White people, as a collective system of cultural and economic production that has colonized nonwhite people across the globe through military and ideological warfare, have said that black people are animalistic. … There is no ideological exception to anti-blackness for black women but through colorism. Mulatto, ‘mixed,’ high yellow light — all euphemisms for black people whose phenotype signals that they may have some genetic proximity to whiteness. But, by definition, black women are not beautiful except for any whiteness that may be in them.
Thankfully, there have been more efforts since the late 19th century to depict black women with more complexity. Elizabeth Colomba’s Laure (Portrait of a negress) (2018) is a reimagination of Manet’s Laure. Although this time, Laure is walking through the streets of perhaps some Paris arrondissement. She’s carrying a large umbrella and lifting the side of her pale pink dress so that it will not get stained by the rain on the cobblestones. Every other passerby is in the background so that she can take center stage. Other artists and photographers, such as Miguel Covarrubias, James A. Porter, Henri Matisse, and Carl Van Vechten during the Harlem Renaissance, and most recently, Mickalene Thomas (all included in the exhibit), have taken great strides to either subvert old tropes or create new prototypes altogether of black women of all shades, whose faces are fully fleshed out, and whose poses do not always have to be limited by their social status.
The frustrating thing about beauty that Thick nails is that the desire to achieve it is insatiable. Despite all that we know about the hundreds of years of both visual art and written work that forces the assumed sublimeness of white female beauty upon us, we still feel that we have to keep buying one product, then another on top of it to either maintain or heighten our allure. When McMillan Cottom published her critique of Miley Cyrus, white women were quick to come to her aid. Her argument in the book is that white women needed her to believe that beauty is something that is both achievable and individual: “White women, especially white feminists, need me to lean in to pseudo religious consumerist teachings that beauty is democratic and achievable. Beauty must be democratic. If it is not, then beauty becomes a commodity, distributed unequally and even worse, at random.” But that’s how one shames the devil: by plainly identifying it. Beauty is distributed unequally, and to encourage a black woman to believe that beauty can be a shared experience through a certain amount of concerted effort is humiliating. One black woman cannot overturn the former anonymity of Laure, whose body and positioning is set in the Western art canon. One black woman cannot overturn how white womanhood has been the nexus of femininity and beauty for hundreds of years. To ask a black woman to lean into a democratic beauty is to indubitably expect her to become an amnesiac. As McMillan Cottom writes,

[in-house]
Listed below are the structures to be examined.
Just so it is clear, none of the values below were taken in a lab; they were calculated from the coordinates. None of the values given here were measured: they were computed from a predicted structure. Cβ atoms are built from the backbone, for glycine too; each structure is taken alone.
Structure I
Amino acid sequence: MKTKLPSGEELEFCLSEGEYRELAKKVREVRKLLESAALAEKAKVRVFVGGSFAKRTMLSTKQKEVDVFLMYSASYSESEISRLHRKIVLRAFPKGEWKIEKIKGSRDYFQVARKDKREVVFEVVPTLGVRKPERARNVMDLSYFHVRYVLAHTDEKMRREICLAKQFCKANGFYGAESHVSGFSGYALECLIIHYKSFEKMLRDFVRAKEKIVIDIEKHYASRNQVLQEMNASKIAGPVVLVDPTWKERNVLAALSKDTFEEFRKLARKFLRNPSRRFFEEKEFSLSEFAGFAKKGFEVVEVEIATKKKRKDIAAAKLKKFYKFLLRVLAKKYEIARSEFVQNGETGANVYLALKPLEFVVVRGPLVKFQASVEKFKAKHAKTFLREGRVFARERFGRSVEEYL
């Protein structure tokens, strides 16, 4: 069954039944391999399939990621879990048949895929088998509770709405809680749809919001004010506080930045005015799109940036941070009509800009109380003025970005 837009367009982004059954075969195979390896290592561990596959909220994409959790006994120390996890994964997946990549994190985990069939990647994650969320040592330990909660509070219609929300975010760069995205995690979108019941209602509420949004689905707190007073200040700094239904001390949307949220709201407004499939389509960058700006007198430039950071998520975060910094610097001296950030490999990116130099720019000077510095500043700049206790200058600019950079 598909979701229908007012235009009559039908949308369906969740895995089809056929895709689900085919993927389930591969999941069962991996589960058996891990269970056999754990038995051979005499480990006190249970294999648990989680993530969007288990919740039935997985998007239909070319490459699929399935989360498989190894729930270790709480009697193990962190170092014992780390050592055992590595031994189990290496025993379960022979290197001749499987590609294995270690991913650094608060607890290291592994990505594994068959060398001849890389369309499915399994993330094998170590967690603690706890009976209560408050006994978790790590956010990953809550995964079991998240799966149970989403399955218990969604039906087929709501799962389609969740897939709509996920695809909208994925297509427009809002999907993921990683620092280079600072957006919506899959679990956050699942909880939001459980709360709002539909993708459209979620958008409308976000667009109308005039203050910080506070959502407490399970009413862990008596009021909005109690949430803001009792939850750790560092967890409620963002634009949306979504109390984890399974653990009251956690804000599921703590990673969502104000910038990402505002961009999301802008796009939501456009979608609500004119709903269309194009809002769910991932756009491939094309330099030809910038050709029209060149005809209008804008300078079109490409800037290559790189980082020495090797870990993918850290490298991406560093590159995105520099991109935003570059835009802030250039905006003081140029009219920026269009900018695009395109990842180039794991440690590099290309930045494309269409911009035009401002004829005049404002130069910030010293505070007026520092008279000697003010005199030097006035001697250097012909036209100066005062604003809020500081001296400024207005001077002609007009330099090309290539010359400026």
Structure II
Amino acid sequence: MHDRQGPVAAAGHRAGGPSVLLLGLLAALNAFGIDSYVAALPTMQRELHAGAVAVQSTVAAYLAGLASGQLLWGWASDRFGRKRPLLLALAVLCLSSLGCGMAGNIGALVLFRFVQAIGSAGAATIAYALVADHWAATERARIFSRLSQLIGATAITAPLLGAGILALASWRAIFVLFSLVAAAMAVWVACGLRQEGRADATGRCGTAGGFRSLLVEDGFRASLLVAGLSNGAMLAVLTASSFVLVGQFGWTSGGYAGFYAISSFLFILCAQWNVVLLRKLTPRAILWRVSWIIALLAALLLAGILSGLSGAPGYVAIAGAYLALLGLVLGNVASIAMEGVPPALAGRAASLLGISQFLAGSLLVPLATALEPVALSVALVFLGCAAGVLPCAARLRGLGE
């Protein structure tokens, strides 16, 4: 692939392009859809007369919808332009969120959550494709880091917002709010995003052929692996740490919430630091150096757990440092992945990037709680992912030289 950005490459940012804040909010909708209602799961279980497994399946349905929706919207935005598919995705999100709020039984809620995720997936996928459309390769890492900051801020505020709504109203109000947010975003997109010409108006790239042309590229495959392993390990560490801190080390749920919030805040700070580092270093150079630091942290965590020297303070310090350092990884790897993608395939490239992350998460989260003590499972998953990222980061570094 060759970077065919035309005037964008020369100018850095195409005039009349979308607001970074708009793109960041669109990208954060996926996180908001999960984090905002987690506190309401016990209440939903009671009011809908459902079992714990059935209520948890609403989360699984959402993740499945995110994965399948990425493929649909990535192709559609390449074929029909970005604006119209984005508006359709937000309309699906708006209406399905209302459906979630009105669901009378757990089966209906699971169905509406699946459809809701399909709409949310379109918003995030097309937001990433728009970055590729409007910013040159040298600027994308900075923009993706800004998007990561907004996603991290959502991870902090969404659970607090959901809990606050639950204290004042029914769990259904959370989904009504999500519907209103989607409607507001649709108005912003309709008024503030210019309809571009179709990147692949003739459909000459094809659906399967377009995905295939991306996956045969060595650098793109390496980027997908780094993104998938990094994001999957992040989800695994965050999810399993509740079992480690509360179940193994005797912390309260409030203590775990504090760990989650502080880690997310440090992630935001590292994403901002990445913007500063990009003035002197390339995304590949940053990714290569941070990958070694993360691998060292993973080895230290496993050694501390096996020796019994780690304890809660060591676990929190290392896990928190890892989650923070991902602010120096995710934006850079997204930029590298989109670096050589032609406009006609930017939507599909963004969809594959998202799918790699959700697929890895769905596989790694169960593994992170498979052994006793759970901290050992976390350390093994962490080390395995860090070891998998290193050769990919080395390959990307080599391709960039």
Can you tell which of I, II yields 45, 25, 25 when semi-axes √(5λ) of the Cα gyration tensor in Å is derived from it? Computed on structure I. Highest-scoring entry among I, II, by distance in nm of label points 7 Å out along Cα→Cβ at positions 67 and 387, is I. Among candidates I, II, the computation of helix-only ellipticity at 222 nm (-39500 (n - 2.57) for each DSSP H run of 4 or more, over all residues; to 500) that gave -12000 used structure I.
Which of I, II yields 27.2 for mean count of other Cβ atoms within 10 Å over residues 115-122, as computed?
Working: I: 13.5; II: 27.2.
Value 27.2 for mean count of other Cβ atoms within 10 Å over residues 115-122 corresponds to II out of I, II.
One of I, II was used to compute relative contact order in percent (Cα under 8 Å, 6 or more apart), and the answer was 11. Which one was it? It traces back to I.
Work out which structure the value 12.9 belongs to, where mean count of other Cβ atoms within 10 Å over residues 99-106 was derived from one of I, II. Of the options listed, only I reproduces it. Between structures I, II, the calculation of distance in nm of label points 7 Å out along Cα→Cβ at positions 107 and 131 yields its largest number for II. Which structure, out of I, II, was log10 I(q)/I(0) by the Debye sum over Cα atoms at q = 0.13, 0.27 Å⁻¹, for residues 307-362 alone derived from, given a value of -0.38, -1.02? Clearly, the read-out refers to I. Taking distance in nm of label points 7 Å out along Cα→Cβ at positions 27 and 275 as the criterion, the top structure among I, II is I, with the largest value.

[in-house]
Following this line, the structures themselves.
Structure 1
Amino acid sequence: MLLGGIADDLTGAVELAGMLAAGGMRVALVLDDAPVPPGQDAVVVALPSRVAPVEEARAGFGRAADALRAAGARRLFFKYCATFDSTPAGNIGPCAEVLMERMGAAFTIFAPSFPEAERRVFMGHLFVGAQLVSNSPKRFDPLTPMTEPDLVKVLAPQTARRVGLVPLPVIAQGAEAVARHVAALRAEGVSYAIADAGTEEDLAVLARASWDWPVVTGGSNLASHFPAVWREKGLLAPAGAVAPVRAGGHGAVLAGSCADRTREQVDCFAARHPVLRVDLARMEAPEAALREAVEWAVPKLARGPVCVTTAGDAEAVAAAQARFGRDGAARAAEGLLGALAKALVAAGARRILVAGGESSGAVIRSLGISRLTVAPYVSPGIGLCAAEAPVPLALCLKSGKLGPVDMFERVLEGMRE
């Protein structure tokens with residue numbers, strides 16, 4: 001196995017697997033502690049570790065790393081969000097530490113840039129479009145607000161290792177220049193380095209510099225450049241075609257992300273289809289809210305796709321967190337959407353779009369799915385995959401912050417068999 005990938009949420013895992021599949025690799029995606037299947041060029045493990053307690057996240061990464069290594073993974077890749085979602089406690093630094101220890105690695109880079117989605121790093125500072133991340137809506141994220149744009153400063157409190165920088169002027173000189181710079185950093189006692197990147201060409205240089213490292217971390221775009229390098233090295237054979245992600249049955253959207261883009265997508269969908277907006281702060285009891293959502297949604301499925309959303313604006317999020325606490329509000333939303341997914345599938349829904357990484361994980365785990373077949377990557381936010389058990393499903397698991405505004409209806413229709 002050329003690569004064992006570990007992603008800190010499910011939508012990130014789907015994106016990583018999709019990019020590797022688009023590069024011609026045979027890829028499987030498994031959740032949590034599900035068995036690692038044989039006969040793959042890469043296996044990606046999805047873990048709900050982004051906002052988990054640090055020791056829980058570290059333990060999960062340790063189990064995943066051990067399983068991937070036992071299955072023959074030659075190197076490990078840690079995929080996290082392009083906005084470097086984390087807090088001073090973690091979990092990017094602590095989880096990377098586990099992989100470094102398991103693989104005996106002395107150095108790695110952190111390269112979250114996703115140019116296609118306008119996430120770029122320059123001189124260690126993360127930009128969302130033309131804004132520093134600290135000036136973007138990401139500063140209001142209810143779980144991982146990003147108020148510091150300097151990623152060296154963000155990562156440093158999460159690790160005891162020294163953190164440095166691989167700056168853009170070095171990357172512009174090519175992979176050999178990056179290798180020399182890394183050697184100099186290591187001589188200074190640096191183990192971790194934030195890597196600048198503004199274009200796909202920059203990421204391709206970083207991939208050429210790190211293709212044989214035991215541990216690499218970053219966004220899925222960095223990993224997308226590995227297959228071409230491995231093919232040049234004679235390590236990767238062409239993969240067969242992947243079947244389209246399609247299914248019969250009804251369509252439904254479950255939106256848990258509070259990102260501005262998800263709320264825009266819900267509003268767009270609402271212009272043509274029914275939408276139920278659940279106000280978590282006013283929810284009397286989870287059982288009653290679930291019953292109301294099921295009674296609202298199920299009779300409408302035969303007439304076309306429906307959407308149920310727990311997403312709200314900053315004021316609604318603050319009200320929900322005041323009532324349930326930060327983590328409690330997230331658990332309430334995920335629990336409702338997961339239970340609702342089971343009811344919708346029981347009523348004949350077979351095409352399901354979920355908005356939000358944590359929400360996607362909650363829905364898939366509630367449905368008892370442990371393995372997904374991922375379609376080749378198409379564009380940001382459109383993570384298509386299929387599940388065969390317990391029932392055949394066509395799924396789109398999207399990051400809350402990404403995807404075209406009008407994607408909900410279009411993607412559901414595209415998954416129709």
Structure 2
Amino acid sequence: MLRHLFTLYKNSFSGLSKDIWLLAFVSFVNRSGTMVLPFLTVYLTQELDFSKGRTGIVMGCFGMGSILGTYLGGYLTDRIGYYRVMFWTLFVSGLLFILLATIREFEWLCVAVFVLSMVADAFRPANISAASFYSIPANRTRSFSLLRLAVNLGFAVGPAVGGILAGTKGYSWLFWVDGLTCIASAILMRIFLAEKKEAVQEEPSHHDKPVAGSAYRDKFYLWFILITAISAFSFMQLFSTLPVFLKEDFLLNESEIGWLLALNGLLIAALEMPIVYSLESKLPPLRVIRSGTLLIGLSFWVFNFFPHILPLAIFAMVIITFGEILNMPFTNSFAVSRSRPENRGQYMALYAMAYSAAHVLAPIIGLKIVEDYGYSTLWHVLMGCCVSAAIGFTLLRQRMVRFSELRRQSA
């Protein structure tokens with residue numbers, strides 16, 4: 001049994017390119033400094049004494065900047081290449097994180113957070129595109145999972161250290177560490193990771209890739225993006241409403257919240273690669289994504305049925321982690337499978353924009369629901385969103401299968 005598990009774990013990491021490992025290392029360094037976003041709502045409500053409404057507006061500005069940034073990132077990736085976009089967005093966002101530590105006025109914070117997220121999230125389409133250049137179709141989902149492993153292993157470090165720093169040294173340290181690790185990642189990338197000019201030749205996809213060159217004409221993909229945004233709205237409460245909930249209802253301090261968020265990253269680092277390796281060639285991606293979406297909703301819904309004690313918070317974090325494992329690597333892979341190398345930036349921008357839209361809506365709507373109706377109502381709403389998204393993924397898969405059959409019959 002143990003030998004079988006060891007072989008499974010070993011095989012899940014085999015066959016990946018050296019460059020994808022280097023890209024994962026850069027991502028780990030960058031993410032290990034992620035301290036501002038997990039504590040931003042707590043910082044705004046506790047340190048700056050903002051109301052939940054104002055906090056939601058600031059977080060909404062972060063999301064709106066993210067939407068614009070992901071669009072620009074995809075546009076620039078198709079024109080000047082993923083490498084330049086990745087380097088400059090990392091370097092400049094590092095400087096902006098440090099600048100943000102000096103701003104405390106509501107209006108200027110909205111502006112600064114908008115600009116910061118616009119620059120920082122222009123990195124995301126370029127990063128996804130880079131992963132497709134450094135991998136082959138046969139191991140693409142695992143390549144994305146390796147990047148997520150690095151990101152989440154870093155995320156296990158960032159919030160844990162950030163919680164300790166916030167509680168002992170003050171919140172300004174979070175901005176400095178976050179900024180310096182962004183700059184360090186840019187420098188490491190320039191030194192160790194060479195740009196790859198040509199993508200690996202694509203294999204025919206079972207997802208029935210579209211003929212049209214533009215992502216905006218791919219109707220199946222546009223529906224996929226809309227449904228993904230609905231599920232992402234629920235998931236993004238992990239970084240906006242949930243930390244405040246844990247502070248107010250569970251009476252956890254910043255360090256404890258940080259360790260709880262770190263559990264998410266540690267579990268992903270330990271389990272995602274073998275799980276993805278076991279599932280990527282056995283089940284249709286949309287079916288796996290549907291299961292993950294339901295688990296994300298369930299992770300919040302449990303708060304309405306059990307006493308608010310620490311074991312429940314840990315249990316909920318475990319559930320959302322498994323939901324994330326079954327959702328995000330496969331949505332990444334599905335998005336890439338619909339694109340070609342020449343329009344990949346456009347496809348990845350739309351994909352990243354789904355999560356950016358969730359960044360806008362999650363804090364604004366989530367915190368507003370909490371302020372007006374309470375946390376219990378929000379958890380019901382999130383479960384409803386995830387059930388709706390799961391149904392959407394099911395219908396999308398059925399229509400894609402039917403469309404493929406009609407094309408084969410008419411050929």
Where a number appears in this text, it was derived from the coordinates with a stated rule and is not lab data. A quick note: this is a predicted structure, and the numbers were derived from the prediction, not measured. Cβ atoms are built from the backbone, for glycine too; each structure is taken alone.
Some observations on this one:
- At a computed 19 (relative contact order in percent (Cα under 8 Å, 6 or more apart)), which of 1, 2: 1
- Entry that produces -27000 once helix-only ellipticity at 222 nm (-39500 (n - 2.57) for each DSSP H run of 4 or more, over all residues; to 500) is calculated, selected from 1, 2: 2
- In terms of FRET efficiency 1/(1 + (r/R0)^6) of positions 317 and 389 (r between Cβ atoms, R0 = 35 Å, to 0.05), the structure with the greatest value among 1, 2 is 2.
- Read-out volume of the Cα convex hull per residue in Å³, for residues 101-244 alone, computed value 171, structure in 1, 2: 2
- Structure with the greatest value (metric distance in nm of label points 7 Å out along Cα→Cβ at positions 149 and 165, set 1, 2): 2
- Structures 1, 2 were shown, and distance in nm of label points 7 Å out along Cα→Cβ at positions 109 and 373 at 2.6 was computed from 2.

It is actually blackness, as it is refracted through the history of colonization, imperialism, and domination, that excludes me from the forces of beauty. … Big Beauty — the structure of who can be beautiful, the stories we tell about beauty, the value we assign beauty, the power given to those with beauty, the disciplining fear of losing beauty might possess — definitionally excludes the kind of blackness I carry in my history and my bones.
The words in McMillan Cottom’s Thick are pugilistic. She is a scholar of sociology, well-versed in globalization and cultural production. She knows the ins and outs of the academy as well as the twists and turns of social media and discourse. There was no one more apt to take on this particular project. I have long admired McMillan Cottom for her hard stances and her refusal to back down when faced with criticism, especially over the internet. It’s inspiring to witness. The ground she treads with regards to beauty, blackness, and ugliness is boundless. The journey is dangerous because it’s easier to comfort an audience with a nice lie than to confront it with an uncomfortable truth. The dominant white culture does not enjoy when those most oppressed openly identify a dominant regime and how its force has impacted the ways in which one navigates the world.
The main subject’s whiteness is vivified by the presence of a black servant, for whiteness cannot exist without the need to dominate what McMillan Cottom calls a ‘steady pole’ that is blackness, standing in contrast to the opposite pole of whiteness.
When McMillan Cottom identified herself as unattractive, she was not fishing for compliments. Her self-described unattractiveness was not a signal that she expected to be mistreated in her personal life. The unattractiveness she cites comes from being mistreated already, by virtue of being a black woman in white-dominated culture. At the end of “In the Name of Beauty,” she writes, “They say that beauty is in the eye of the beholder and that ugly is as ugly does. Both are lies. Ugly is everything done to you in the name of beauty. Knowing the difference is part of getting free.”
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Morgan Jerkins is the author of This Will Be My Undoing: Living at the Intersection of Black, Female and Feminist in (White) America. She is based in New York.
Editor: Sari Botton